(Terre Haute) Tribune Star
Autumn erased misconceptions that COVID-19 is a big-city problem.
The year-end holidays may fully reveal that the coronavirus is a dire small-town dilemma, too. Wabash Valley residents should rethink their Christmas, New Year’s and other seasonal plans, as a result.
This past week, America’s highest per-capita coronavirus hospitalization rates were found in South Dakota and, yes, Indiana, the Indianapolis Star reported Wednesday. Sixty-one of every 100,000 South Dakotans were in a hospital bed with the virus, according to research by the COVID Tracking Project. Fifty of every 100,000 Hoosiers were hospitalized with COVID-19.
The problem was perhaps more problematic in Indiana, because the state has 270 hospital beds for every 100,000 residents, compared to South Dakota’s 480 beds.
Especially vulnerable are rural hospitals, where any quarantine of exposed health-care workers particularly complicates operations. New COVID cases in rural communities are outpacing those in urban areas, the leader of the Indiana Rural Health Association told the Tribune-Star’s Sue Loughlin on Tuesday.
Hospitals in the outlying areas are near capacity, said Cara Veale, the association’s CEO.
Health care professionals at those facilities are “gravely concerned” about rural Hoosiers failing to take the safety measures recommended repeatedly by public health experts. A trait of independence common among many rural residents, admirable in other situations, “tends to intensify some of these risks” to those individuals and others they encounter in the pandemic, Veale said.
Face masking, keeping a distance of at least six feet, and avoiding large gatherings are imperative in slowing the pandemic’s spread. Folks who were nonchalant about the protocols before have contributed to the current surge. Rural hospitals, and the rest of Indiana’s small-town populations, desperately need them to abide by the guidelines and resist traditionally large holiday get-togethers.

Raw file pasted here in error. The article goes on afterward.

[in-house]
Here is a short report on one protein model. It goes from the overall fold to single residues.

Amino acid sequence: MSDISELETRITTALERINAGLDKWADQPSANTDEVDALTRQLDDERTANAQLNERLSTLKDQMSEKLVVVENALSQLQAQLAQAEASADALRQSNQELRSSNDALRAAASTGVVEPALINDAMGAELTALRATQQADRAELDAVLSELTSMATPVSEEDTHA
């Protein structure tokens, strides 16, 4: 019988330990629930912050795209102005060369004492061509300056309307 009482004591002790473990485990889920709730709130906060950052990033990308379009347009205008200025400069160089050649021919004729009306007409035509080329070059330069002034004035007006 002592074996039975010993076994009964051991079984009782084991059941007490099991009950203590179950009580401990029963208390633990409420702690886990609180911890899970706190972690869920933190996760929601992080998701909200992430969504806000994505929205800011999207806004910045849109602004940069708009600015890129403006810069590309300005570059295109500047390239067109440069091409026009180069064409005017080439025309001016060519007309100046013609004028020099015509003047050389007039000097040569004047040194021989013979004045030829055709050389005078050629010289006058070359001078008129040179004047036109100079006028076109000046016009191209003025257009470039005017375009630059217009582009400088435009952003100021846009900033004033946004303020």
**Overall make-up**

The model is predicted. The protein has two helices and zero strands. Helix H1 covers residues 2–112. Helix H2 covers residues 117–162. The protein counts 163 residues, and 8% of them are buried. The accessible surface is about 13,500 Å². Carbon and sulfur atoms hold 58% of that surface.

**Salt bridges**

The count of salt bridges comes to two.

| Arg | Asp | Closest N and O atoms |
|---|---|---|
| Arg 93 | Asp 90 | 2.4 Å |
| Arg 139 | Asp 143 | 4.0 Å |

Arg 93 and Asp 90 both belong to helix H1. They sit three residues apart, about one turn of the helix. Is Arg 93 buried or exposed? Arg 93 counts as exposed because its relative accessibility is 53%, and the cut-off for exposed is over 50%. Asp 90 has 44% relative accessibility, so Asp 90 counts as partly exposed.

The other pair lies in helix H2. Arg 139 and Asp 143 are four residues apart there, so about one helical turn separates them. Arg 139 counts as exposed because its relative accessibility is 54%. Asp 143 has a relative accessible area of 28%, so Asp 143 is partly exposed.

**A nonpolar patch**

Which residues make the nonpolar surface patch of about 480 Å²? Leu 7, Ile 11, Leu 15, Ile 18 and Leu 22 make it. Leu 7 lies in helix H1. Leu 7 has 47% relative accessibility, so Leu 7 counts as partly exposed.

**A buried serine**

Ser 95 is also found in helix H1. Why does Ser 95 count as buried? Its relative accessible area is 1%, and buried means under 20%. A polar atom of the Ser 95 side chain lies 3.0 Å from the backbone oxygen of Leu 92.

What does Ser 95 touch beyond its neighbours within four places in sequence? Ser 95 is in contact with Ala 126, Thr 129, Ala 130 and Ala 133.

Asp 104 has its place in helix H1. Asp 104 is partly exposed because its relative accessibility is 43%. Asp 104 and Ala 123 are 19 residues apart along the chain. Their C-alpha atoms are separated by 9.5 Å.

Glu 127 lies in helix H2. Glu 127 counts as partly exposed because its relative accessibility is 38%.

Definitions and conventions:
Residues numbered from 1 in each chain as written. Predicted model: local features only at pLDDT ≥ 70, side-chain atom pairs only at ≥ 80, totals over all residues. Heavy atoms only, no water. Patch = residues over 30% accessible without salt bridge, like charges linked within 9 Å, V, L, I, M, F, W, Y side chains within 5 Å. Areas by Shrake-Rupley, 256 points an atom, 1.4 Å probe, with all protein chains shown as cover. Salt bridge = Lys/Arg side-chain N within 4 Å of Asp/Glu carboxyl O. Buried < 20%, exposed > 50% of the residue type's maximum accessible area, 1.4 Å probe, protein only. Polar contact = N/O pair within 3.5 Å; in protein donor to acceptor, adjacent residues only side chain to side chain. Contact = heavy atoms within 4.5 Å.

Those hospitals typically function with lean staffs. The community spread of COVID-19 can infect and thus sideline doctors, nurses, technicians, EMTs, aides and others, or expose them to the disease and force them to quarantine. That puts further stress on a small hospital staff, impinging its ability to care for other coronavirus patients, not to mention putting those workers’ lives at risk.
And, when available beds have filled with COVID patients, people facing other serious ailments have avoided seeking care.
Rural hospital officials also remind residents their adherence to public-safety protocols will affect others through this holiday season.
Stacy Burris, administrator at Greene County General Hospital in Linton, praised the community’s support and offered a reminder.
“Everyone knows each other,” Burris said. “Chances are you know someone who works at the hospital. You want to protect them.”
Tough decisions must be made across Indiana this winter. Promising vaccines are coming, but widespread availability is months away. In the meantime, smaller, one-household observances of Christmas, Hanukkah and New Year’s Eve are recommended.
It is a sacrifice, but a short-term and considerate one. The choice could make the difference between heartaches this winter or celebrating with family and friends in 2021 and beyond.
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